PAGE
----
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There is a term that is rarely used nowadays that describes the Australian sensibility of being a little bit maverick, somewhat iconoclastic. The word is “larrikin”, and far from its original connotations, its modern day meaning suggests a character that thrives on adventure, on doing things a little differently.
It seems fitting then that the JNNP has appointed an Australian as its inaugural non-British editor. The adventurous spirit that buoyed British explorers sent out to discover the colonies centuries ago remains intact today in the independent spirit of Australians. The original British pioneers were not afraid to take a risk, albeit calculated; they were driven to explore, discover and expand. They were not inhibited by boundaries but were ever-mindful of the legacy that would remain for future generations. They may have been unconventional, a little unorthodox, but they were steadfast and bold.
My goals, with the assistance of a fine editorial team at the JNNP, are not dissimilar—to forge new ground from a rock solid foundation of British tradition. In refreshing the JNNP, our aims are ambitious. Some changes will be instantly apparent while others will evolve over the coming year. The first thing to notice is a new cover design. The image of MC Escher’s Rind, inspired by the HG Wells novel The Invisible Man, seeks to reveal both the inside and outside of man, a task akin to the modern day neuroscientist. The fields of neurology, neurosurgery and psychiatry are not solely concerned with the physiological, chemical and biological realms of the self but also involve the social and emotional self. These diverse concepts are never easily separated nor considered in isolation.
Inside the cover, changes to the journal’s content and layout will be rolled out over the coming months. A range of new features that round out the field of neurosciences will include opinion pieces and reviews from leaders in their fields, mentor biographies, interviews with up-and-coming neuroscientists and patient accounts. Together with a clear coherent layout, we aim to make the journal both enjoyable and accessible to the reader. In conjunction, our website will reflect these new goals with a move towards a simpler system of searching and locating articles.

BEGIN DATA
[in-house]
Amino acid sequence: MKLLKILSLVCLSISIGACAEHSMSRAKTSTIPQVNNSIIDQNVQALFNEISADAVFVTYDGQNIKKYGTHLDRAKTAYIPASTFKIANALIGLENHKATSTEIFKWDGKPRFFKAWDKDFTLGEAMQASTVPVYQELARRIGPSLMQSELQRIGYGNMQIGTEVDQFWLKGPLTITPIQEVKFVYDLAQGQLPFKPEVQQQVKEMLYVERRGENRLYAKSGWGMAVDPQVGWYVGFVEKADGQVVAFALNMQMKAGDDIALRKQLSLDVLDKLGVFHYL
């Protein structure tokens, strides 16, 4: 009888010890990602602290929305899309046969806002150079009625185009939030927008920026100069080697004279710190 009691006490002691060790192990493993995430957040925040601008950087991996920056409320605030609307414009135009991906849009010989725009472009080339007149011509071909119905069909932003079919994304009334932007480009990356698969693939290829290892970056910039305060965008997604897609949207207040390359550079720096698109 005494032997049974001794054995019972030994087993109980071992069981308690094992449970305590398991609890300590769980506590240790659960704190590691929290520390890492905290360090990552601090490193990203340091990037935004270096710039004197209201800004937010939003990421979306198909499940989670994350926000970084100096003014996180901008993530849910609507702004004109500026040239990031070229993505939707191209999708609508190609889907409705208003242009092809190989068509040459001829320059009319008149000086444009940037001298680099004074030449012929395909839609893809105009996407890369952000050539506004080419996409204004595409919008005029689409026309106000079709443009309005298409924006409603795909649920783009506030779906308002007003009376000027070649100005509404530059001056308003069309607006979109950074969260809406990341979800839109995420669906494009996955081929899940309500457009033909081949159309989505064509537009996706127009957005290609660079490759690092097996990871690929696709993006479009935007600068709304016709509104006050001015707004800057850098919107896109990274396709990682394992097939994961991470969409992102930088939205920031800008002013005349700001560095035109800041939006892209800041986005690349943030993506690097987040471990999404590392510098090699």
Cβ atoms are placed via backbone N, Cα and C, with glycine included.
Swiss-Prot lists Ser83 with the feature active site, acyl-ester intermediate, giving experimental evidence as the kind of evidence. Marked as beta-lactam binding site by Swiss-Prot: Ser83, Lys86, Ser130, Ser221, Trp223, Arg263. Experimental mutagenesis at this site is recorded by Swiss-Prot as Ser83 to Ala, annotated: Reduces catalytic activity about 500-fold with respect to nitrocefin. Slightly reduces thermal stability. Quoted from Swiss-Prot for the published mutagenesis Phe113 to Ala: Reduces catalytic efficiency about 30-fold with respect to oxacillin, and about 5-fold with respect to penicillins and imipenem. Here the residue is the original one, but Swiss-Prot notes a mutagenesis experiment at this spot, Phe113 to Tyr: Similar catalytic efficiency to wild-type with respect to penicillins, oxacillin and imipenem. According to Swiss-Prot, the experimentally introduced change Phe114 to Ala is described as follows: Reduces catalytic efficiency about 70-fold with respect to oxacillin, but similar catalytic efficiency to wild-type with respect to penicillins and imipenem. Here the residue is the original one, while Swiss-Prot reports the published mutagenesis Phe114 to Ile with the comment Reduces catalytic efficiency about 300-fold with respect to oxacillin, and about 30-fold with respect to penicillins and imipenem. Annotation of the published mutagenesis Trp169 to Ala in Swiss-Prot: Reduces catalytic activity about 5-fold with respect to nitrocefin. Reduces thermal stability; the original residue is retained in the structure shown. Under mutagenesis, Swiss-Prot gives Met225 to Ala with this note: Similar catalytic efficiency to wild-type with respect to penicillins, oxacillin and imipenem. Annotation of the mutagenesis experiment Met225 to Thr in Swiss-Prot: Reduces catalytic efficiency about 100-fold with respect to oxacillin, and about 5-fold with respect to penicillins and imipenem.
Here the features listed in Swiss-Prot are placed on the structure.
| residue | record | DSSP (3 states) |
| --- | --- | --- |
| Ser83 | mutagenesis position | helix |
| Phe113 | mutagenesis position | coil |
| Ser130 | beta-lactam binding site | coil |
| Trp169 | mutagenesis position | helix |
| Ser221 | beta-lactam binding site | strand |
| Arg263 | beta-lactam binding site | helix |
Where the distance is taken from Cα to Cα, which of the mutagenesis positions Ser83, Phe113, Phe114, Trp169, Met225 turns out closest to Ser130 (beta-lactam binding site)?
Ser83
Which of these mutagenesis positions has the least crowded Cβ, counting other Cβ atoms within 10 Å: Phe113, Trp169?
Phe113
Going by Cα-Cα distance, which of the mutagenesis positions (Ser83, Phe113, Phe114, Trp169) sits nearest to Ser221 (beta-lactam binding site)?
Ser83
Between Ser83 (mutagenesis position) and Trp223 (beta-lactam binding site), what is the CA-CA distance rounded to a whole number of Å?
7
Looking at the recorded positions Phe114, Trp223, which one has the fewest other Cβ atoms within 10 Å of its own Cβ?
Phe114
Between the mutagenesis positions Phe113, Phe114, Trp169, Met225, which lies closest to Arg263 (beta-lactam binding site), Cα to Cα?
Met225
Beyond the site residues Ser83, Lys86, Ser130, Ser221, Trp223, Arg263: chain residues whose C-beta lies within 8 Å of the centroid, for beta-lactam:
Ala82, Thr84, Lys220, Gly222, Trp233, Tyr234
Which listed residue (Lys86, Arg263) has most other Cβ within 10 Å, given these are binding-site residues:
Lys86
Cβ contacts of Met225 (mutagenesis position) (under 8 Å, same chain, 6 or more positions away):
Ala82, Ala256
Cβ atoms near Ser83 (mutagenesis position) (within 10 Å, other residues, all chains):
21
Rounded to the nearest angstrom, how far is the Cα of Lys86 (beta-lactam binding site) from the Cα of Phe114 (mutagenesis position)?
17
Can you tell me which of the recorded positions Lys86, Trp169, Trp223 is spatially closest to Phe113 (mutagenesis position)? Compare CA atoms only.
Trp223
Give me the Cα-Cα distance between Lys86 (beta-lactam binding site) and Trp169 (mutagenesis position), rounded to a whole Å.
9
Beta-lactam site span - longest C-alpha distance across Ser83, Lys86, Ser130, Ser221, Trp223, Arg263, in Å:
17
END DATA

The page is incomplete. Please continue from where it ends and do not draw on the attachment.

But the most dramatic changes for the JNNP will be more subtle and progressive. They are driven by the need for the journal to grow and evolve in the competitive world of neurosciences. They include widening the scope for submissions, both geographically and clinically, and growing our readership in more diverse regions of the globe. Our objective will be to attract new, exciting and ground-breaking content from across Europe, Asia and the Americas. By strategically targeting input from these regions we will be achieving two goals—producing a more cutting edge journal and increasing impact.
The first step to achieving these goals will be to reduce turnaround time for the review of manuscripts, in addition to publishing accepted papers instantly online. The next steps include greater exposure for JNNP in regions where readership and participation is lower; along with “theming” issues to focus on specific disease states, syndromes and fields—an initiative that will be mirrored online. In addition, we aim to launch new sections within the journal, ranging from news and medical breakthroughs to clinical conundrums and Q&As.
This January issue coincides with the launch of podcasts, a new feature of JNNP online. Authors will be able to showcase and dissect the critical contributions of their manuscripts to an online audience. In addition, we intend to launch a neurology masterclass series, as delivered by world experts, through our website portals. These initiatives will further increase the learning and teaching capabilities of the journal.
And so it is with these aims, and our strong editorial team, that I hope to take JNNP into an adventurous new phase that has all the hallmarks of its European heritage with a touch of the larrikin—a spirit that is part of the Australian culture but inherently the product of a British naissance. This new spirit will build on the fine traditions of JNNP established by the previous editors and neuroscience luminaries, beginning with Kinnear Wilson in the 1920s, and including David Marsden, Christopher Kennard, Richard Hughes through to the immediate past editor Martin Rossor. I also look forward to working closely with our companion journal, Practical Neurology, in consort with Charles Warlow. Rather than simply chasing impact factors, our concern will be impact itself.
The team and I look forward to the challenges and triumphs ahead. With editorial representation that spans the globe, from London to Sydney, the sun will never set on the JNNP.
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